This blog will document the process I’m currently using to build bible boxes. I generally make a box large enough to hold a bible and give it to a person who has either been recently baptized or married, or in some other way come to my attention. My hope is that I can build a box that will last long enough and be strong enough that there’s never a good reason to get rid of it. Then it can always remind the person receiving it that it came with a bible and hopefully that little reminder will always be there no matter if the person drifts away from Christ for a few years or not.
In my effort to make a box that will last, I’ve come to a few conclusions about how I want to make the boxes. The first has to do with the lid. In order to prevent the lid from weakening the hinges by swinging too far accidentally, there needs to be a mechanism for stopping the lid from opening too far. I’ve seen some hinges that will stop part way open but the cost makes them prohibitive. I have to keep an eye on the expense so I can give more boxes away. That means that I have to use something else to keep the lid and hinges from being a week spot. I’ve found that by making the lid larger than the box, at least having the back of the lid overhang the back side of the box, keeps the lid from opening too much. This allows for affordable hinges also.
The next part of the box that I feel can be a weakness is the bottom. I’ve always thought of a bottom made of plywood to be weaker because if enough pressure is put on the ply, it can crack or blow out the dado that holds it. I know, who goes and steps on a box right? But, just to be sure, I wanted to use a solid wood bottom and not use a dado. If I put the solid wood into a dado, it would run the same risk for blowing out the dado and I’d still have to deal with the wood movement. That’s how I decided to use solid wood and let the sides sit on top of the bottom.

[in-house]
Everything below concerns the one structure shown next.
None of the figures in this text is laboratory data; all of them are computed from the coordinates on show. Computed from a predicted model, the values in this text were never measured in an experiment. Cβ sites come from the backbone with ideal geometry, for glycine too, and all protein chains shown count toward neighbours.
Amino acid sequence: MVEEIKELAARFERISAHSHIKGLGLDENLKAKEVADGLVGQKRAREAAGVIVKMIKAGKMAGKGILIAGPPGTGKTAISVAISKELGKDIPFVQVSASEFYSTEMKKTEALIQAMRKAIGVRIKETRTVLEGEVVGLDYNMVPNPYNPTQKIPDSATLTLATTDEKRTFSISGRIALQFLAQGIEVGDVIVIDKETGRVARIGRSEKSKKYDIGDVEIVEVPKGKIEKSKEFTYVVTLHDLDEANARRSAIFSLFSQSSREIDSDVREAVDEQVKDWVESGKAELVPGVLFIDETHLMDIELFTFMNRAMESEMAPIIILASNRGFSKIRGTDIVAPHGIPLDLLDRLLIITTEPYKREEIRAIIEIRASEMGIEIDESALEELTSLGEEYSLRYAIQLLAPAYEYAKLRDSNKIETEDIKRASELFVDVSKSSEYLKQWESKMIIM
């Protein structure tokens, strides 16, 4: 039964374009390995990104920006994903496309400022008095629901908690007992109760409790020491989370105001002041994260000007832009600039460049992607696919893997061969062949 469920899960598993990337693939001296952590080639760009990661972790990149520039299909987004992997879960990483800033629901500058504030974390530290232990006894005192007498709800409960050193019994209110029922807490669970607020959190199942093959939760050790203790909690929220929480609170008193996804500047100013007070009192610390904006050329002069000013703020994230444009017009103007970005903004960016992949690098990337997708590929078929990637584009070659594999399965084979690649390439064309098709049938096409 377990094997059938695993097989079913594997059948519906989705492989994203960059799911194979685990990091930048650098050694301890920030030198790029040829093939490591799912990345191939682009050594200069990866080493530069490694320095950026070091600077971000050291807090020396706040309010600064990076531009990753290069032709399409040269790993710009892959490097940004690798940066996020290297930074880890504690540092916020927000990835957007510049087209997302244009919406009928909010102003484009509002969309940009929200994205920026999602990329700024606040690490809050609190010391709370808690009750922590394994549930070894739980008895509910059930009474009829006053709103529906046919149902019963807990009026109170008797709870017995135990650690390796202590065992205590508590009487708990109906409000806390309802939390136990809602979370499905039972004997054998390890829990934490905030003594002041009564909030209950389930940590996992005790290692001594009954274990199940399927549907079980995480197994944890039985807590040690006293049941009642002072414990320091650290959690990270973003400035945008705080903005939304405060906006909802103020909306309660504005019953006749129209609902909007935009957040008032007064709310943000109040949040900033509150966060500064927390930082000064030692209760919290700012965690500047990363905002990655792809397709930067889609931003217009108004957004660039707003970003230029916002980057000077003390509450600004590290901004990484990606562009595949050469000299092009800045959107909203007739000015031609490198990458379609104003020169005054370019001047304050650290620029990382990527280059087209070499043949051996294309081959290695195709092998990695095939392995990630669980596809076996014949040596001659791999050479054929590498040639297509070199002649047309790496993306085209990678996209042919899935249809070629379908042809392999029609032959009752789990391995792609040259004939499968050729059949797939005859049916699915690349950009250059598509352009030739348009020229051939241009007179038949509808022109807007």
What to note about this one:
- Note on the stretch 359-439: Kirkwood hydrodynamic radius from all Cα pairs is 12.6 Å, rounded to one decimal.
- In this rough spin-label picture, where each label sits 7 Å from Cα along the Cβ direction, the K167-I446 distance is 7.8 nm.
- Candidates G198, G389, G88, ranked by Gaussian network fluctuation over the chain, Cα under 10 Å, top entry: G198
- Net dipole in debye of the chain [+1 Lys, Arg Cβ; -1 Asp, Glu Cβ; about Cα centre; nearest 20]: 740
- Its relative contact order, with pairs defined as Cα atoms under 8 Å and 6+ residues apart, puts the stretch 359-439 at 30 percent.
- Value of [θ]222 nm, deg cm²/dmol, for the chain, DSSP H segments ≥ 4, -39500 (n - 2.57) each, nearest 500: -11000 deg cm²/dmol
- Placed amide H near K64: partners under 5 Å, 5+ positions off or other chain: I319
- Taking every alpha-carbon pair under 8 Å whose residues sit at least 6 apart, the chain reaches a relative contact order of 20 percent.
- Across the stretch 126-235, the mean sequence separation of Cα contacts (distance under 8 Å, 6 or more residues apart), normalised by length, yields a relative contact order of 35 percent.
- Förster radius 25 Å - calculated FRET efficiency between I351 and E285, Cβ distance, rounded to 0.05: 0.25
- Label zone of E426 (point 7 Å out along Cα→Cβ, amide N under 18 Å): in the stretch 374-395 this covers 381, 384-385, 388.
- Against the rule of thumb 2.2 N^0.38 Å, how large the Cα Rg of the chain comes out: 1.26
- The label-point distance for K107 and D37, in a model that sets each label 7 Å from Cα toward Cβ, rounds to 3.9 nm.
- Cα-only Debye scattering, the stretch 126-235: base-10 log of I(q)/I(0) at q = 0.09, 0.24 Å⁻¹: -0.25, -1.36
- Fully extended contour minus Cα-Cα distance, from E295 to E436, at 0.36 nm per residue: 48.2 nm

To use a solid wood bottom, I need to allow for wood movement. That means I can use no glue to attach the bottom to the sides. That leaves screws which I have no problem with but it means I need to use a slot hole so the wood can move and the screw won’t restrict the movement. That can be a problem because the side that is attached to the wood in the direction of the expansion has to be wide enough to hide the slot in the bottom, maybe more than a half inch. That made me rethink how to attach the bottom because the thicker the sides, the more expensive the box, etc. What I came up with is to use a sliding dovetail to attach the sides to the bottom. I’ve been cutting the bottom into two pieces and cutting two dovetail trenches in the direction of the expansion to hold both sides.
As for the sides, I decided on dovetail construction because it’s stronger than a mitered corner and more decorative than a plain box joint.
I am attaching several pictures to illustrate.
Here you can see that I’ve milled the top and bottom and glued them up. I’ve also milled the sides to final length and width and cut the tails in the sides.
This shot shows the dry fit after I cut the pins and put all the sides together. Can you see what will become the sliding dovetails on the wider two of the sides?
This is another shot of the dry fit for the sides.
This is the dry fit after the sliding dovetails have been cut.
More next time. Thanks for reading.